Wall Street Wavers
Major indices across the globe wavered on either side of unchanged today but the general mood and result was down. U.S. indices the Dow Jones Industrial lost 31 points to close at 9317, the NASDAQ Composite lost one point to close at 1764 and the S&P 500 added 0.65 to close at 993.71. Expectations for this week were mixed but after Friday's apparent one-day bearish reversal many investors were looking for some follow through by the bears. Traditionally, lack of volume, which was an issue today, favors the bears but even an overflow of sellers couldn't push the major indices very far.
The selling was heaviest in the technology related sectors but gold stocks joined the decline. The bond market also lost ground pushing the yield on the 10-year note up to 4.527%. Declining stocks out paced advancing stocks 16 to 11 on the NYSE and 17 to 12 on the NASDAQ. New highs rang in at 199 with new lows at 24 between the two exchanges. Down volume was about 50% greater than up volume across the markets with total volume squeaking in at a very low 1.16 billion on the NYSE and 1.1 billion on the NASDAQ (rounded up).
Chart of the Dow Industrials:
Chart of the NASDAQ:
Housing Market Peaks
Economists and analysts who had been expecting existing home sales to come in at an adjusted rate of 5.94 million were surprised to see sales jump 5% to a new record high at 6.12 million in July. The financial media was quick to report that this morning's numbers were based on closing transactions. That most likely means this July's existing home sales record is based on consumer decisions made in May and June when mortgage rates were at their lowest. One industry expert went so far as to say that we may have just witnessed the peak in the U.S. housing market. They may not be far off the mark since the average 30- year fixed rate mortgage was a record low of 5.23 percent in June. The average 30-year mortgage jumped to 5.63% in July.
The incredible sales pace pushed up home prices by 12.1 percent in the past 12 months. The median home sold for $182,100 in July and the year-over-year price increase was the largest since November 1980. Bloomberg reported that one executive with Century 21 Real Estate believes that while we may have hit a peak the U.S. probably won't see a significant slow down. An improving economy with interest and mortgage rates still near historic lows will keep home sales strong. However, most analysts believe that home price appreciation will likely slow to a more reasonable 4-to-5 percent. The strong home sales number is actually good news for the economy as home sales spur additional purchases for consumer durables.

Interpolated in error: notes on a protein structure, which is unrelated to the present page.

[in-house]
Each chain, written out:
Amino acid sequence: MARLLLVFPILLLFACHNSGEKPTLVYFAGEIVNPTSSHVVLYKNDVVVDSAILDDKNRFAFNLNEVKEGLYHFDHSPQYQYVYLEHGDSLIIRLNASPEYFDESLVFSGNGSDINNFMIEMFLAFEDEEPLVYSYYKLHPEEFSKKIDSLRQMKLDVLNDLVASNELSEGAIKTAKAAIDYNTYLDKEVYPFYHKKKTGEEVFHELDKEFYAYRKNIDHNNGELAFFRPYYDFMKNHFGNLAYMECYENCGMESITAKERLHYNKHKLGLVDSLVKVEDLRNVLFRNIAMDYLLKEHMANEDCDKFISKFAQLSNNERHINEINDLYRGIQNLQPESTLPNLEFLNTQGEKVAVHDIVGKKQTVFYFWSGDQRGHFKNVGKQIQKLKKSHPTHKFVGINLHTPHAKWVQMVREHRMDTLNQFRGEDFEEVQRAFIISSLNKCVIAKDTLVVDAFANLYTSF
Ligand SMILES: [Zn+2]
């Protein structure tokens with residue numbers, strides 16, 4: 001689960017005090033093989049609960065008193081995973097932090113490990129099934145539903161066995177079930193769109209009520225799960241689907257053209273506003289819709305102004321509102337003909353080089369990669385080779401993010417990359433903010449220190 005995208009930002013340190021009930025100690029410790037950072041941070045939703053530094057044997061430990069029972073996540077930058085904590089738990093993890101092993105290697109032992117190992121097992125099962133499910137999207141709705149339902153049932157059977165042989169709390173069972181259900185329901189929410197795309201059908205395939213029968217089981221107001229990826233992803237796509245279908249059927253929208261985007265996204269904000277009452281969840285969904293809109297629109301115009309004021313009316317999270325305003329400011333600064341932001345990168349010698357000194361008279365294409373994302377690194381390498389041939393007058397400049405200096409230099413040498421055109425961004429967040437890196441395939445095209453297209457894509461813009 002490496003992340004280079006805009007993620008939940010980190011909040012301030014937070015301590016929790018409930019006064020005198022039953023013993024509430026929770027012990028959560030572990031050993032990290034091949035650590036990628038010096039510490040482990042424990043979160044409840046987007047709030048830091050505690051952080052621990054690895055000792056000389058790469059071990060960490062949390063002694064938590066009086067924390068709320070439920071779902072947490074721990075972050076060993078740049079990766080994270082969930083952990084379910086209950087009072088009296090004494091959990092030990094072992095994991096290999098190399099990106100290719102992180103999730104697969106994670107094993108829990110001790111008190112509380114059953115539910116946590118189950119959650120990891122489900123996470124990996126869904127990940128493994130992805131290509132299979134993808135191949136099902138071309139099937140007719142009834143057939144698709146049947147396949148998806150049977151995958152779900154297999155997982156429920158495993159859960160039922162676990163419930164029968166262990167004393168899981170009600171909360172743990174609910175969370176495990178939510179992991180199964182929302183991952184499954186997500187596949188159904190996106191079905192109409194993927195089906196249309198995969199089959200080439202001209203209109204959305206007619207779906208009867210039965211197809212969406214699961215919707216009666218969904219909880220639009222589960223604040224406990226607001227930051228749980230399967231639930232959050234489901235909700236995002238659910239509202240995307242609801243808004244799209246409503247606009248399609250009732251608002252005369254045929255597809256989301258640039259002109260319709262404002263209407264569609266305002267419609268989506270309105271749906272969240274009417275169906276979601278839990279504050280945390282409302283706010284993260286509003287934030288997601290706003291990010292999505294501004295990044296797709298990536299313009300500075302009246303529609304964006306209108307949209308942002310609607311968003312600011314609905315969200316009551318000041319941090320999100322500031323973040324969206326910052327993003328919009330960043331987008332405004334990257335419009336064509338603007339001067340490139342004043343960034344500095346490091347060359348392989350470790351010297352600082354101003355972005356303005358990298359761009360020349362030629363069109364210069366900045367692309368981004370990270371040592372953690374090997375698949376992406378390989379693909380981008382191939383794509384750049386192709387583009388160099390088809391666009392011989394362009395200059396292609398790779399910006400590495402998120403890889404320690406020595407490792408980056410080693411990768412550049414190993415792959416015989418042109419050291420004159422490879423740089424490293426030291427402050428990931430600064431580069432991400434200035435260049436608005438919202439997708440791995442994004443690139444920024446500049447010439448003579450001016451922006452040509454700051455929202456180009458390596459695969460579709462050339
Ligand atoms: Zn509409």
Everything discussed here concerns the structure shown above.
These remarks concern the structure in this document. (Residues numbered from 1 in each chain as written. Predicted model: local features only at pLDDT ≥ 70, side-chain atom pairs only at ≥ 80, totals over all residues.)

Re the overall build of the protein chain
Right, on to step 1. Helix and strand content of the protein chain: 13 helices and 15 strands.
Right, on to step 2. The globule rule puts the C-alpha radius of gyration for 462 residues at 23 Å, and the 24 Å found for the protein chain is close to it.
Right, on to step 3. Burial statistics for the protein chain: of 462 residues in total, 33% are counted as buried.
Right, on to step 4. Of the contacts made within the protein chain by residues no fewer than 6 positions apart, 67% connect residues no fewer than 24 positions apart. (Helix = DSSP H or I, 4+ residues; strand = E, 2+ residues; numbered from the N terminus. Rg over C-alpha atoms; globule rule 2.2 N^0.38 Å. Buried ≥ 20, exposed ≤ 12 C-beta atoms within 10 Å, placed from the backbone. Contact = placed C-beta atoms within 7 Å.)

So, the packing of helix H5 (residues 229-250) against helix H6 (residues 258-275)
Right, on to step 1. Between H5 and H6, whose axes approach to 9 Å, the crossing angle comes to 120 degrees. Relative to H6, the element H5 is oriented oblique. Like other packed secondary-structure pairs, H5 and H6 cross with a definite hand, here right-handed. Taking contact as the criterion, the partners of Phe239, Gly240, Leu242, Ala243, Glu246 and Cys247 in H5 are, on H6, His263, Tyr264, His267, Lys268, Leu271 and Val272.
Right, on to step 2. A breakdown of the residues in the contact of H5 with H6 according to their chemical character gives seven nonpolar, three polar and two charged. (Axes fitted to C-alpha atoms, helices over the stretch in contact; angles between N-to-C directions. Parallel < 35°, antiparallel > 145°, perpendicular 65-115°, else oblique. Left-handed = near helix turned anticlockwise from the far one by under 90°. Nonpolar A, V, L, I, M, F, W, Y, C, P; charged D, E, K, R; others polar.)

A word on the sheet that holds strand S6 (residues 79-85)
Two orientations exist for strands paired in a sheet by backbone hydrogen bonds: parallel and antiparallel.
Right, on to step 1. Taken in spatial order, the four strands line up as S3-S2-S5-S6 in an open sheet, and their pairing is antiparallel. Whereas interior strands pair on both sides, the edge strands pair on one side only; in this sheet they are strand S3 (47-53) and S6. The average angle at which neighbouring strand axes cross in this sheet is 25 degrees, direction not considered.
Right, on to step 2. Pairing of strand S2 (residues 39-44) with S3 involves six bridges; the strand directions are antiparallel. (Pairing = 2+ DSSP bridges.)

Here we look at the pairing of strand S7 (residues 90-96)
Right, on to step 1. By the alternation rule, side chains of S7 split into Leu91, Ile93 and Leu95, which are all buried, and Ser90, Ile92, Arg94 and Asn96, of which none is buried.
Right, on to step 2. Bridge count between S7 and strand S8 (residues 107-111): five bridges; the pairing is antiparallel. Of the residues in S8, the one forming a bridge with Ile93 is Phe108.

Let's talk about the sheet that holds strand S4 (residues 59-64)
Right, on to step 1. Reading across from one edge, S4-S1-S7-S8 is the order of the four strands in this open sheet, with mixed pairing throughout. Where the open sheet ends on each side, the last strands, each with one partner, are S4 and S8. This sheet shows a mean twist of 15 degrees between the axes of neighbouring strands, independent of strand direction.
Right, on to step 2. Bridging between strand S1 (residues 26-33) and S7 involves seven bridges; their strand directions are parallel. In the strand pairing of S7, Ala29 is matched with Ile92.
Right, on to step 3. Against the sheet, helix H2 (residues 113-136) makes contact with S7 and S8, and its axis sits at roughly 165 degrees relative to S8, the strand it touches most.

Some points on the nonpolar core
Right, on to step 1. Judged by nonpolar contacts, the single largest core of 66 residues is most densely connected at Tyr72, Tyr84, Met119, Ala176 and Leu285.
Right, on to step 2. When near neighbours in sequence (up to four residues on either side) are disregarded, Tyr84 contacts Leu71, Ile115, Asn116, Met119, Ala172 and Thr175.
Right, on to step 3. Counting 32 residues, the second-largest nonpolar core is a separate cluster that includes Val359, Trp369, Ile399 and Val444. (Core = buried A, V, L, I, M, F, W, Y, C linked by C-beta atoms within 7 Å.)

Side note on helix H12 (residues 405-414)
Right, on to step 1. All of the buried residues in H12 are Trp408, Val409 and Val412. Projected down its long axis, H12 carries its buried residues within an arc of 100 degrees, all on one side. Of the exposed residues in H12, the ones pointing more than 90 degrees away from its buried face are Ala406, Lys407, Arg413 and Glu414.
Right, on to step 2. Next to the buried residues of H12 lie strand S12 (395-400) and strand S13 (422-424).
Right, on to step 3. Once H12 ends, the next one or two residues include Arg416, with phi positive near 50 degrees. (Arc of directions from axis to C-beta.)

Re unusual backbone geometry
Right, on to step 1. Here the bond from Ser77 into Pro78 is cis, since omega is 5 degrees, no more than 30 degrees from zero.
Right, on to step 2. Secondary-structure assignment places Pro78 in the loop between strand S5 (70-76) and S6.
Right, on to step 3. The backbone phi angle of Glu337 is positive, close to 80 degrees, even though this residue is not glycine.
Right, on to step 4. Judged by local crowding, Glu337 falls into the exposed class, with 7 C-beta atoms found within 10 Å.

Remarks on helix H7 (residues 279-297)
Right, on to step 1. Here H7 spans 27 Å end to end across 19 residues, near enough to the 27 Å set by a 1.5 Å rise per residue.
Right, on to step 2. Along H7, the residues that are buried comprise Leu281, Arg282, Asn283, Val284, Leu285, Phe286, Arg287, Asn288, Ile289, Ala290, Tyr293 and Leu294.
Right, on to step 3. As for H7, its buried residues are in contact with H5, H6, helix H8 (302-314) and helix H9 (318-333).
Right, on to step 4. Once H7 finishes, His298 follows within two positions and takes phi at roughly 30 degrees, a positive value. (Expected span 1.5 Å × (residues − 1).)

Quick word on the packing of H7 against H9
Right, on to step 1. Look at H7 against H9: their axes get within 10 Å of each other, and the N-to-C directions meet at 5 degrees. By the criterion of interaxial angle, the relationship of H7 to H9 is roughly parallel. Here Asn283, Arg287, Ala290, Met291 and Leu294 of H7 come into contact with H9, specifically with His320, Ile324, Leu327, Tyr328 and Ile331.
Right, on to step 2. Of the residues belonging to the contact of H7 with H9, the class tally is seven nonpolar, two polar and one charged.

Despite the positive implications of today's numbers is wasn't enough to spur the markets higher as some see the report as a lagging indicator. Tomorrow's New Home Sales report should carry more weight with Wall Street.
Wal-Mart & Intel Spotlight Again
Making the headlines again was Arkansas-based Wal-Mart (NYSE:WMT). The largest retailer on the planet said back-to- school sales have come in so strong that they are raising their August forecast from 3-to-5 percent to 4-to-6 percent. After some mid-day profit taking shares of WMT did bounce to close back over the $59 mark. Following its lead was the S&P retail index (RLX), which bounced into the closing bell for a fractional gain. Analysts believe that this is good news for the retailing sector's upcoming fourth quarter and the country's GDP as consumers represent 2/3rds of the economy.
Another Dow component grabbing the spotlight was semiconductor giant Intel Corp (NASDAQ:INTC). Almost half a dozen analysts upgraded their price targets on the stock. Some of the larger names making positive comments were Smith Barney, who raised their price target to $30; Bear Stearns, who raised their price target to $31; and Prudential, who raised their price target to $34. Unfortunately all the positive comments couldn't lift shares and Intel continued its profit taking from Friday's close.
The only analyst comments that traders were paying attention to were downgrades for two Dow Jones Industrial components. Prudential dropped its rating on the world's largest aluminum producer Alcoa (NYSE:AA) from a "buy" to a "hold". The analyst claims that the stock is already "fully valued" and sports nearly twice the P/E to its closest competitor Alcan. Shares lost 1.2 percent on the session and rebounded strongly from its lows of the day. Meanwhile, fellow component Caterpillar (NYSE:CAT) lost more than 2.8 percent after an analyst at Legg Mason sliced his rating on the stock from a "buy" to a "hold". The move was mainly based on valuation concerns, which isn't surprising given CAT's 75% rise in share price from its February 2003 lows.
Tuesday's trading is currently a toss up. Market direction will be heavily influenced by the economic reports due out tomorrow. Before the bell will be the Durable Goods Orders for July. During the session expect to hear the latest Consumer Confidence numbers for August and the New Home Sales for July. Plus we're always at risk for a terrorist event. Markets didn't move much on the bombing in India today but headlines like this do keep investors on edge and fingers close to the sell button. If you're a "glass is half full" kind of trader then the late afternoon bounce today might materialize into something stronger. Unfortunately, the general mood seems to be "sit back and watch", which given the low volume will probably lean toward additional profit taking. We are approaching September and everyone knows it is historically the worst month of the year. With this big black cloud on the horizon the easiest bets are probably not bullish ones.